Data centres are far from eco friendly. Concrete and the infrastructure that goes into them is rarely considered when companies talk about how green their facilities are. When it comes to power and cooling, all data centre operators are keen to talk about their green credentials. NTT Ltd is no exception although it was unable to provide details of how much of its energy consumption comes from renewables.
Competition in the data centre space is strong
Goodall said that the two companies that sit above NTT Ltd in the data centre space are Equinix and Digital Property. The obvious question is how will NTT Ltd compete? A better question, however, is does it want to compete? Goodall answered the latter by saying: “We don’t want to go head to head with Equinix. We have a hybrid IT strategy, that focuses on managed services. Our value prop is the data centre and supporting our customers hybrid strategies.”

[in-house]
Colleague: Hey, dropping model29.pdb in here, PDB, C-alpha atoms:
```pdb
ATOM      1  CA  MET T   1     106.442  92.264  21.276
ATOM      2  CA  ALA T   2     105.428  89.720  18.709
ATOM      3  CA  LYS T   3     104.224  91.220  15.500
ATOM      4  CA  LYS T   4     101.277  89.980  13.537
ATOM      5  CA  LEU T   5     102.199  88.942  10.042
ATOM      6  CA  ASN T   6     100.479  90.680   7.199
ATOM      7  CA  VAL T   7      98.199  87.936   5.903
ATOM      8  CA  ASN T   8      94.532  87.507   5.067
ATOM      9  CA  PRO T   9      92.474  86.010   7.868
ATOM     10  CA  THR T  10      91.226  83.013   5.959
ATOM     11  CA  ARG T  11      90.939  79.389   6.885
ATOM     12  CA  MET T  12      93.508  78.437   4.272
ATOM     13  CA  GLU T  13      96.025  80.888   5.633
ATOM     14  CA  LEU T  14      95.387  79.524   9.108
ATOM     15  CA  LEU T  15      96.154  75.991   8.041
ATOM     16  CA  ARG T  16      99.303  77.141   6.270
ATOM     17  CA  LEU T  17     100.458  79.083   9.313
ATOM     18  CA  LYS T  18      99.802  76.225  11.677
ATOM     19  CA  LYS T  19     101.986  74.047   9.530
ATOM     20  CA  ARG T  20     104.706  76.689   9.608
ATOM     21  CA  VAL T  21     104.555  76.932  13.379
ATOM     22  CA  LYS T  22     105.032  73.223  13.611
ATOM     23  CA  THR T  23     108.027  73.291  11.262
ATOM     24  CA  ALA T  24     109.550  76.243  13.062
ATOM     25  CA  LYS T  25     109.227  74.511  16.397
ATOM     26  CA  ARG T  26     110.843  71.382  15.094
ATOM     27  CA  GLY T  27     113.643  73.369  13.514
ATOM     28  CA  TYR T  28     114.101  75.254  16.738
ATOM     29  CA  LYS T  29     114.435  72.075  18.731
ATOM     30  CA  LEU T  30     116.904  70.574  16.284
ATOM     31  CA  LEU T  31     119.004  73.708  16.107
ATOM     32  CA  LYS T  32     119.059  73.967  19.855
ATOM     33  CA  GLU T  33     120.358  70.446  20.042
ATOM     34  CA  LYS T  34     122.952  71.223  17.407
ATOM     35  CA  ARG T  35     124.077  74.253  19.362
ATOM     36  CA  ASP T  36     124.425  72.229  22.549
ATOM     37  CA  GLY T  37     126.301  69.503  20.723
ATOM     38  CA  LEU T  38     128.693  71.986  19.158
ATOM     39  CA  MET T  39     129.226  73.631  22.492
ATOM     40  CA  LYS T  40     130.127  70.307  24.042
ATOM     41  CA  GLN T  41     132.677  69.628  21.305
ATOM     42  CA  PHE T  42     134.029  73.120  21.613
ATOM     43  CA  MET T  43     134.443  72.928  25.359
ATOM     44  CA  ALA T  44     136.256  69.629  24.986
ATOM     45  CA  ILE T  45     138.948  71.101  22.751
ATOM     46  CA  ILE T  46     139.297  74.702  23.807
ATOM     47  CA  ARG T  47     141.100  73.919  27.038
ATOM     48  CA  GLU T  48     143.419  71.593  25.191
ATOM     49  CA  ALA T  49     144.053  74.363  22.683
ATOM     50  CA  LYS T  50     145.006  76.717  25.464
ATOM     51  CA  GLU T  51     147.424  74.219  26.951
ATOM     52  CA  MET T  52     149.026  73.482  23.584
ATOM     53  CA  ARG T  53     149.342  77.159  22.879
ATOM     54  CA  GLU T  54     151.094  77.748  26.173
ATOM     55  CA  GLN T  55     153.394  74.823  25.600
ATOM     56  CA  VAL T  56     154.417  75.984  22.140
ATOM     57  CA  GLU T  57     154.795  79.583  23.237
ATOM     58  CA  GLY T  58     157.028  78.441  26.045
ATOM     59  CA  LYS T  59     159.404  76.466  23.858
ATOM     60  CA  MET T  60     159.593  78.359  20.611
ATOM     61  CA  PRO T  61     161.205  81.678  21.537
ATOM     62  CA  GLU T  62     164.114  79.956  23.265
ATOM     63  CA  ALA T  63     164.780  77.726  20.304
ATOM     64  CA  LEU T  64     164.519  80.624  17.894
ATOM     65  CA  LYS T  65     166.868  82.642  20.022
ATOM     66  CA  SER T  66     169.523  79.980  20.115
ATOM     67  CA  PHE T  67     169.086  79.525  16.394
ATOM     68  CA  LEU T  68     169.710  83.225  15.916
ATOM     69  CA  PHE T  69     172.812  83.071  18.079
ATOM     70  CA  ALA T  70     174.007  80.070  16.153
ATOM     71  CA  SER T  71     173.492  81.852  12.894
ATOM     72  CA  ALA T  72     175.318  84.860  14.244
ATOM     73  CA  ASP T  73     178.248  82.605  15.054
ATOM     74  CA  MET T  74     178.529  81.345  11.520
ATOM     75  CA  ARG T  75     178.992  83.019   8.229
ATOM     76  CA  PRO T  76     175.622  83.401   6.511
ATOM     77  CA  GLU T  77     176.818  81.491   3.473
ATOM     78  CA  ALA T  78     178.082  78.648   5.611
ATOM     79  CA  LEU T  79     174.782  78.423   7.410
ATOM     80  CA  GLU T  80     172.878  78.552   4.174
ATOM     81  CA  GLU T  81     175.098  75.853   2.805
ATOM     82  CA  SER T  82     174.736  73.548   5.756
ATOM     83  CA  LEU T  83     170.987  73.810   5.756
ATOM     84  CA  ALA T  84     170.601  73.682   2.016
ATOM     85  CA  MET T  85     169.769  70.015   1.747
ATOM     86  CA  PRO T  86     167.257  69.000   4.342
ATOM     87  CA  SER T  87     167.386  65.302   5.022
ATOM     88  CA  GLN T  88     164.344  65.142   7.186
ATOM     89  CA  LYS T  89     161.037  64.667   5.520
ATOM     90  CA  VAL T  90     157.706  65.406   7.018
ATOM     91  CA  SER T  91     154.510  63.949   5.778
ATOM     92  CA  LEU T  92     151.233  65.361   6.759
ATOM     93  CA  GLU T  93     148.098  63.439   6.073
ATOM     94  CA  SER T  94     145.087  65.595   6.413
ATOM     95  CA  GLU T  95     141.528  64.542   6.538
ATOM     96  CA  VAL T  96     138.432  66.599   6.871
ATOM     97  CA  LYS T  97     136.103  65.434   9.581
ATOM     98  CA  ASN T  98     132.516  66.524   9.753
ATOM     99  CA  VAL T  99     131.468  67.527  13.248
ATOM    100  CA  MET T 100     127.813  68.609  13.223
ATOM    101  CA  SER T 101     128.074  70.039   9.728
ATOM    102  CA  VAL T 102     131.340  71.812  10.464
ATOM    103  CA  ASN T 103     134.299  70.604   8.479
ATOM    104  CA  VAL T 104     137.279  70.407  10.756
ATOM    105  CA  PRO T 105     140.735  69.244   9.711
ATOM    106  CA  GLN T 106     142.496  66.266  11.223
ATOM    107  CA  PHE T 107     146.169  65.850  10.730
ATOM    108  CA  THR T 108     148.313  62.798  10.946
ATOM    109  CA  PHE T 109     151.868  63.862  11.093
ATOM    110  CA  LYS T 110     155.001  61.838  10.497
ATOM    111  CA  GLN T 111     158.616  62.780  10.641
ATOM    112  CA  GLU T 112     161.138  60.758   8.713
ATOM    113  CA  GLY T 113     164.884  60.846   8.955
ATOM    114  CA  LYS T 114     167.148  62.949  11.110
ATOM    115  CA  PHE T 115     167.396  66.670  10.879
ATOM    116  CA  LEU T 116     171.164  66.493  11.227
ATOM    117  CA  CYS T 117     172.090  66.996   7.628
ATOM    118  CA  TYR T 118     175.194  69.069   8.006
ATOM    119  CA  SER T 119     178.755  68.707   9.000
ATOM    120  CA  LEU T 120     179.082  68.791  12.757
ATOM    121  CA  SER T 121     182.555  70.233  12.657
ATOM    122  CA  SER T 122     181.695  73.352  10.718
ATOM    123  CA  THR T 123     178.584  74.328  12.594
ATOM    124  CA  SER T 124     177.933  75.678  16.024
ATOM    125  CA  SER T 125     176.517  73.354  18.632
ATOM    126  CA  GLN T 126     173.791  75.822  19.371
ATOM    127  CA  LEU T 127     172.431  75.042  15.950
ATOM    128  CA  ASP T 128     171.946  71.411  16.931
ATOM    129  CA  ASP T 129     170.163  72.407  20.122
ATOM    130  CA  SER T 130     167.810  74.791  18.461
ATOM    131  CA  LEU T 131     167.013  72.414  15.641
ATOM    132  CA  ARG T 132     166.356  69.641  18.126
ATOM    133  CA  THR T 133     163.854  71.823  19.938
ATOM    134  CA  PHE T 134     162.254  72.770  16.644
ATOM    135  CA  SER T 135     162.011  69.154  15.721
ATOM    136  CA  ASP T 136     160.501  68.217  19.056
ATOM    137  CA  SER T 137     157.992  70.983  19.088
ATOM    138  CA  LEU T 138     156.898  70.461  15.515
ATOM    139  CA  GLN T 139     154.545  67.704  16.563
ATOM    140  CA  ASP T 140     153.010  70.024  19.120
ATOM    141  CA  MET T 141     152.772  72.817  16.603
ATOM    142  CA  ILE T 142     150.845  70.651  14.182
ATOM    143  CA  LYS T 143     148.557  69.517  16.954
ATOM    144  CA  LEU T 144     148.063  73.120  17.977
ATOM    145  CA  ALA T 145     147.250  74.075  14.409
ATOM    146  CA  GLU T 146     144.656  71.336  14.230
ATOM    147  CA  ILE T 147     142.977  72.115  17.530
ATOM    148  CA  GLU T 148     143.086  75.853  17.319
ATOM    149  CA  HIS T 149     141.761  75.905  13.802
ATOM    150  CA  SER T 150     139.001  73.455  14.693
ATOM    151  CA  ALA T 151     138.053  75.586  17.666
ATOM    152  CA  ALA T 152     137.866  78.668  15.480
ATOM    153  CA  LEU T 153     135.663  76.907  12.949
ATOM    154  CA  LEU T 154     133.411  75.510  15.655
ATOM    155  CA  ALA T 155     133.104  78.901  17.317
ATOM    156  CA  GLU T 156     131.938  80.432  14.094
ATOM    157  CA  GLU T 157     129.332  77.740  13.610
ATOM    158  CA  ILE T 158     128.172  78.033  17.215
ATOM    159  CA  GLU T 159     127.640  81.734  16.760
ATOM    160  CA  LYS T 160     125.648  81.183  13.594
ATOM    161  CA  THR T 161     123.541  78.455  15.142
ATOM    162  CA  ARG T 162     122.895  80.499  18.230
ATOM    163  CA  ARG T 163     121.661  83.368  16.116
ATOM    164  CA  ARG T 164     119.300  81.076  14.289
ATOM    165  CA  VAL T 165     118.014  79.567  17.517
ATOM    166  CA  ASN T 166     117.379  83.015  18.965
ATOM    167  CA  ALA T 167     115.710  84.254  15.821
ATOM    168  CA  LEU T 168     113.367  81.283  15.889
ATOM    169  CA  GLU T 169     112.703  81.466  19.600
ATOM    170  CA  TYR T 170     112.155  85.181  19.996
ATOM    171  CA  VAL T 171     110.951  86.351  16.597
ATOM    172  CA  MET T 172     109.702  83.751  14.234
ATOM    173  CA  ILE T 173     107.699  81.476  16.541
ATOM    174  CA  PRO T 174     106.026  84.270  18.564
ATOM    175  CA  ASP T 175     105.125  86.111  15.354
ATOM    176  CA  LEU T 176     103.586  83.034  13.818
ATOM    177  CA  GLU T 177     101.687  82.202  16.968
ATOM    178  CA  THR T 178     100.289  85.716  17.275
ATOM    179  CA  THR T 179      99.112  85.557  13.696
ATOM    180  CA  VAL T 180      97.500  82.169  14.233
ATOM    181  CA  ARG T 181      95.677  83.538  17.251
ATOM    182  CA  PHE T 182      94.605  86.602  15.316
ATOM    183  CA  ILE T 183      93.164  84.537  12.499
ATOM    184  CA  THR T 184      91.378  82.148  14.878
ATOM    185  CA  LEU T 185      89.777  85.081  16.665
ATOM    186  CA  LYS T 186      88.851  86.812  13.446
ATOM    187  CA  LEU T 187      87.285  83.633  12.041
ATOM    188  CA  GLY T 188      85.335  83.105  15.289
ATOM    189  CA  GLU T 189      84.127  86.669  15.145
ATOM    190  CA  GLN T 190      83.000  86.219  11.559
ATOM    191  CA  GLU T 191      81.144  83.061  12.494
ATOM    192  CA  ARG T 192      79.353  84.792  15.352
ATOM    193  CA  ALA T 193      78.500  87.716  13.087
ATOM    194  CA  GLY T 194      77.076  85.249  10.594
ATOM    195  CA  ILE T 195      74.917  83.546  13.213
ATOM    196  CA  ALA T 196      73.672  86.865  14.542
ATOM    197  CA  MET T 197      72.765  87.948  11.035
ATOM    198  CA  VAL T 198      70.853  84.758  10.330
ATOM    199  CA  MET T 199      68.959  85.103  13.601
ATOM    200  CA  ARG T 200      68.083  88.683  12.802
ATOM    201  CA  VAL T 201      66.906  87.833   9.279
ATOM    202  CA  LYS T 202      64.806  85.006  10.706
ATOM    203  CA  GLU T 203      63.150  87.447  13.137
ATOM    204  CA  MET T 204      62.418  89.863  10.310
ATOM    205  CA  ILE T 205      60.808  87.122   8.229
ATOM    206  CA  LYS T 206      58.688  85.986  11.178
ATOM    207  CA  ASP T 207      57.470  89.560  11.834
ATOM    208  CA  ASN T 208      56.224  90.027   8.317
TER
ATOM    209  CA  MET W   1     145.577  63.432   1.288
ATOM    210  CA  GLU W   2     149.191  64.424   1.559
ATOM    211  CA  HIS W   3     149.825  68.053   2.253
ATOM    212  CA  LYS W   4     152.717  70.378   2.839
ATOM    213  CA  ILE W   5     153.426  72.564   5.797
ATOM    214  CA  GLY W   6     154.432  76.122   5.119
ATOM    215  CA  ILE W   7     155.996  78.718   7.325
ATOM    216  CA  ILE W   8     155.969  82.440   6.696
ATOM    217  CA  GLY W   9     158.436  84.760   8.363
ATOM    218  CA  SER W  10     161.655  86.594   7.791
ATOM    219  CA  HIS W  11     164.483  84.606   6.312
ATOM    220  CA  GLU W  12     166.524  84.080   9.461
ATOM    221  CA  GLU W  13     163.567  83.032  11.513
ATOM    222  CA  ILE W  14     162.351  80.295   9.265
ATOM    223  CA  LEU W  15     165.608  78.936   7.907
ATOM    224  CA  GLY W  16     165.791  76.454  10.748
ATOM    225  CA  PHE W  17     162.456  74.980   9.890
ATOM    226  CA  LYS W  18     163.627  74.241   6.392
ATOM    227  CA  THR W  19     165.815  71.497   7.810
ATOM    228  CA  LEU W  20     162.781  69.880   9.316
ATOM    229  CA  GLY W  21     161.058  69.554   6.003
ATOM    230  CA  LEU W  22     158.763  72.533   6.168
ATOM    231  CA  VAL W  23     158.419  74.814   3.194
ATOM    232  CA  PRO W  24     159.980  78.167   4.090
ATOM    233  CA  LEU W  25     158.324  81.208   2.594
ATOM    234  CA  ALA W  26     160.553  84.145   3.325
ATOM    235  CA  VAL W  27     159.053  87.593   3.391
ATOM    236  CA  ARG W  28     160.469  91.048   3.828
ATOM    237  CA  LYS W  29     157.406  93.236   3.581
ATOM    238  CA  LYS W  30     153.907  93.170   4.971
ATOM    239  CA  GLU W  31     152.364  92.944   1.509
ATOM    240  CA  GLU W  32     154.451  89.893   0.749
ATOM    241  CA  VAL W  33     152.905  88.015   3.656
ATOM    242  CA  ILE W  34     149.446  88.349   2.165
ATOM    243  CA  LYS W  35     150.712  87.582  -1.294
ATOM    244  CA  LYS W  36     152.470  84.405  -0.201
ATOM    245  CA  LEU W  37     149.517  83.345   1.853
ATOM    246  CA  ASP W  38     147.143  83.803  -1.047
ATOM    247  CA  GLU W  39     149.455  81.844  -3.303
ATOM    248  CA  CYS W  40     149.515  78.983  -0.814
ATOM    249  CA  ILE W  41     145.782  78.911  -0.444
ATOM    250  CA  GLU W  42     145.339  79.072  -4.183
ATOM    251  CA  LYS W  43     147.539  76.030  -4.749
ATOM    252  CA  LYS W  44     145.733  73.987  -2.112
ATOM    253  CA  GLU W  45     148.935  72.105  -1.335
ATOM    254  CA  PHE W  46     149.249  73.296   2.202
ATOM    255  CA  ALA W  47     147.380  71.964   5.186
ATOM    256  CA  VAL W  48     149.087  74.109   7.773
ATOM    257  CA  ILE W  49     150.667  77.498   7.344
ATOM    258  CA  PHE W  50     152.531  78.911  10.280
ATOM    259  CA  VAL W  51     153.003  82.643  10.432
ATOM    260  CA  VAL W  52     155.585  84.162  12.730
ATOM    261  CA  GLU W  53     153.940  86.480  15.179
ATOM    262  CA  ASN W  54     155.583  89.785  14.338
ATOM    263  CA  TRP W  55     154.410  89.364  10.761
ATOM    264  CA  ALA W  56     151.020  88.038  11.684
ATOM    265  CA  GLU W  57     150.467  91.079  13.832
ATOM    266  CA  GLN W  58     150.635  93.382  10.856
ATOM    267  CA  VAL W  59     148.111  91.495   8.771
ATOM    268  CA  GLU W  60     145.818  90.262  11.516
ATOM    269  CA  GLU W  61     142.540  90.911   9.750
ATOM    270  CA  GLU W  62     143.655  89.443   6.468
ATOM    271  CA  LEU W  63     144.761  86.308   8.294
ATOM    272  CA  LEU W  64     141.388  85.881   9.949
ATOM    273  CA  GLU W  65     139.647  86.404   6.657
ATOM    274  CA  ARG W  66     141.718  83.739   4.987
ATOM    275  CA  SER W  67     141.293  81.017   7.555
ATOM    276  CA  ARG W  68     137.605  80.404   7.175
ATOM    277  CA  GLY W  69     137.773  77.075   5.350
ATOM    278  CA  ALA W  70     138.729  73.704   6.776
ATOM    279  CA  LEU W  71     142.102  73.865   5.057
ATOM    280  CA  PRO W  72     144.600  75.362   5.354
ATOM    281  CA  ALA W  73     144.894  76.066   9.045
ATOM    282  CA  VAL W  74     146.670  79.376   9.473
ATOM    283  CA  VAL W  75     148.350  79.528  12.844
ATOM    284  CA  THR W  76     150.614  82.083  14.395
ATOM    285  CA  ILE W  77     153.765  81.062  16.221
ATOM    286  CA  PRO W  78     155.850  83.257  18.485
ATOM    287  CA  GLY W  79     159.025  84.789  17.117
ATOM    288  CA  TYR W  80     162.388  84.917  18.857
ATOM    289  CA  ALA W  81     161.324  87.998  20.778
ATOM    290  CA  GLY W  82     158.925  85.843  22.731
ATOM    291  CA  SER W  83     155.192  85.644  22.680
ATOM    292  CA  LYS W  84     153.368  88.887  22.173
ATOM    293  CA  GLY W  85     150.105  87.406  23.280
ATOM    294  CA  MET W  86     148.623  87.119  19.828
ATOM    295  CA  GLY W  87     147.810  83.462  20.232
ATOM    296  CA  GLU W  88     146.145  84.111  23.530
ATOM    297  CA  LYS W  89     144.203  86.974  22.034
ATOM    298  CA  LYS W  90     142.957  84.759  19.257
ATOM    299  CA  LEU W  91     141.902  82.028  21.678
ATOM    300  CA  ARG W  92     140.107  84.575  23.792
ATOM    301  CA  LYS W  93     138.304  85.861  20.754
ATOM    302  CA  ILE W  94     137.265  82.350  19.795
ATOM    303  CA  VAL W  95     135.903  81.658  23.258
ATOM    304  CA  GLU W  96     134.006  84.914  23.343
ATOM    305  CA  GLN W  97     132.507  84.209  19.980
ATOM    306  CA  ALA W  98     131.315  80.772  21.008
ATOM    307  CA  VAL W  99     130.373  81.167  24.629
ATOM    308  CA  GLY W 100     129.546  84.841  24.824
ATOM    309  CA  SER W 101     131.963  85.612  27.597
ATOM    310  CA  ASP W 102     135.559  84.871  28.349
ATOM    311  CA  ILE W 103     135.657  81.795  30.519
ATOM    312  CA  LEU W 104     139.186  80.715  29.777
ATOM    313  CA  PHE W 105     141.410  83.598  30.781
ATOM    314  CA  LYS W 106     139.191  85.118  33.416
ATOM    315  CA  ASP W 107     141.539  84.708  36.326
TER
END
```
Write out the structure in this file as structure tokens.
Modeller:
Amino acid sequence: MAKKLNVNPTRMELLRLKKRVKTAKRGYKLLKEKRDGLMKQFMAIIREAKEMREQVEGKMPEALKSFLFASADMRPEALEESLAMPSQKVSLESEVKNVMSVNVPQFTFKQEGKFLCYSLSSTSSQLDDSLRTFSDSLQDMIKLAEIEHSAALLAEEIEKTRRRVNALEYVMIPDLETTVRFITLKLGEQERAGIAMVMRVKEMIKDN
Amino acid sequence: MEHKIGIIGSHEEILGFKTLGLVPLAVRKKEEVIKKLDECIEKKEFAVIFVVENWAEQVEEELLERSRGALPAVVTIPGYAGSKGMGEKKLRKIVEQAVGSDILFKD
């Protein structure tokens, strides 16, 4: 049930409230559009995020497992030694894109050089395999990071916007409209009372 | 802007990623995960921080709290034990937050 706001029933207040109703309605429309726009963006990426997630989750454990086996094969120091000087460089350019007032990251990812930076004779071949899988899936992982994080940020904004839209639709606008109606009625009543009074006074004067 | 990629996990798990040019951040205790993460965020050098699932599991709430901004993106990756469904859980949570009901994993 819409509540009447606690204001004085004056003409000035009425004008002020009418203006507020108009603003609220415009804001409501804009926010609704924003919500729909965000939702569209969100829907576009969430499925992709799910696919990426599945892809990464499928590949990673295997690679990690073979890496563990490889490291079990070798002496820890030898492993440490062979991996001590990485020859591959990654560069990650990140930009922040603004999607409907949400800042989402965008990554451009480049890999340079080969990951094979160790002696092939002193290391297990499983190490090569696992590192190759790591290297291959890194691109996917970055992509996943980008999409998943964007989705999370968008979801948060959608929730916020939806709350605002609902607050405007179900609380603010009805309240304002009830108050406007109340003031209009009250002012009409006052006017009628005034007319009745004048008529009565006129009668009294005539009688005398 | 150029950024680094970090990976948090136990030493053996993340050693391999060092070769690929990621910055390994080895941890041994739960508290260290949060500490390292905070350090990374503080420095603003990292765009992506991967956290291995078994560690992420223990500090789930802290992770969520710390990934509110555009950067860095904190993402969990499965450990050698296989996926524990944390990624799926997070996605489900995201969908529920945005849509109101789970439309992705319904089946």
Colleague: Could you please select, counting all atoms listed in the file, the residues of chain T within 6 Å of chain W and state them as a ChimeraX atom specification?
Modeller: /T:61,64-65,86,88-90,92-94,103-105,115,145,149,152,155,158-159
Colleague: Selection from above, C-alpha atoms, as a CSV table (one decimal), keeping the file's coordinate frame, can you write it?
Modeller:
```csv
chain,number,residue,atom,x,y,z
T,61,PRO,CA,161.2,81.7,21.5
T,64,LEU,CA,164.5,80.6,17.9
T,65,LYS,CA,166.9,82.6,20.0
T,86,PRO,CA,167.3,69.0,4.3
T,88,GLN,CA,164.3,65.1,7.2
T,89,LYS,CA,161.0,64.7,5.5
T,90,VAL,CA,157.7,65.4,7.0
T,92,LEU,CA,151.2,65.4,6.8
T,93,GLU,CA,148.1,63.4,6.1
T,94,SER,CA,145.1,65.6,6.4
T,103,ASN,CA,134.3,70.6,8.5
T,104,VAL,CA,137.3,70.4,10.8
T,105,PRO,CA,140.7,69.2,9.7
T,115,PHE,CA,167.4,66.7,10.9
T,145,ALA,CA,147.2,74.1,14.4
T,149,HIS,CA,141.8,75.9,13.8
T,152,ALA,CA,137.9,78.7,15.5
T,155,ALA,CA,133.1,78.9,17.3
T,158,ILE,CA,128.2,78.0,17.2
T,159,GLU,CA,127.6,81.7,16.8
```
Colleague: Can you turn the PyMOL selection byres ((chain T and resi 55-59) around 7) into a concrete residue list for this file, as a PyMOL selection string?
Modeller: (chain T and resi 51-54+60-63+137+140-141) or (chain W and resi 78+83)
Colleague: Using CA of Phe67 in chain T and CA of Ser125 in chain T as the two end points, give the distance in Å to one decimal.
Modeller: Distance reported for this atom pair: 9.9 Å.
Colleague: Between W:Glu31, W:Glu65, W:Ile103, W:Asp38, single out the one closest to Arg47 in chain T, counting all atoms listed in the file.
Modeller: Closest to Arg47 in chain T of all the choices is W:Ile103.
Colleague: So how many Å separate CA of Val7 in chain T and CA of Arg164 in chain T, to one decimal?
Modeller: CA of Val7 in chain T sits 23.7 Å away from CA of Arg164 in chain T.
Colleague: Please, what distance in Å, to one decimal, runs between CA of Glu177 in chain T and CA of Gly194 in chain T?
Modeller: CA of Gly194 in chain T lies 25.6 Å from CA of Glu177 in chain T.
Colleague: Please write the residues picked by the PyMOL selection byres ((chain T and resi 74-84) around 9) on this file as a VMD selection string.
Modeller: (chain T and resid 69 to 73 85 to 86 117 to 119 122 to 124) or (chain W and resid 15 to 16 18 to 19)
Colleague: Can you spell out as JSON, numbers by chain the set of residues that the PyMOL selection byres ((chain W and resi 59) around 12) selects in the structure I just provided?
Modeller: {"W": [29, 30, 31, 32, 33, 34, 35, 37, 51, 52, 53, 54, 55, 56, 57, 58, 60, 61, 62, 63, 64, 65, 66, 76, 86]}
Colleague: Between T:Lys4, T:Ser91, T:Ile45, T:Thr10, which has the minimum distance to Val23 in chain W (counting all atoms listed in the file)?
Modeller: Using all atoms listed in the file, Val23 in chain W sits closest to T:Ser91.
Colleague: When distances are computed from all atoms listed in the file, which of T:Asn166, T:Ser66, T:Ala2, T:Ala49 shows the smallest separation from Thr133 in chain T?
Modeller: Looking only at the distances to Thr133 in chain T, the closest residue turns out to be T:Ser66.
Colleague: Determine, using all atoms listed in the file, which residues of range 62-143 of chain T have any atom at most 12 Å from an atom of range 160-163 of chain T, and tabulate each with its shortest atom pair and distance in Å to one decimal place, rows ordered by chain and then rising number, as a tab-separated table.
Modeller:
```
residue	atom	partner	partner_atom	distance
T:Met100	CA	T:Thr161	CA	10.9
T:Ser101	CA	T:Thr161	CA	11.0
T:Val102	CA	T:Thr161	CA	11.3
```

It is not just the big two that NTT Ltd has to consider. One of the reasons for the imbalance in its data centre footprint is that it has long collaborated with NTT Data. The latter is a separate listed company and is not part of the current NTT Ltd plans. In fact, it may never be fully integrated after Goodall admitted that NTT Inc only owns 54% of NTT Data. While it might be a cash rich company, acquiring the remaining shares in order to merge NTT Data into NTT Ltd is a tall order.
But what does this mean in terms of competition? In both Europe and Asia there is little competition with NTT Data. The US is a different story. Goodall says that the major overlap is due to the Dell Services acquisition. However, it goes deeper than that. The two have competed for major clients and that means a new relationship needs to be established.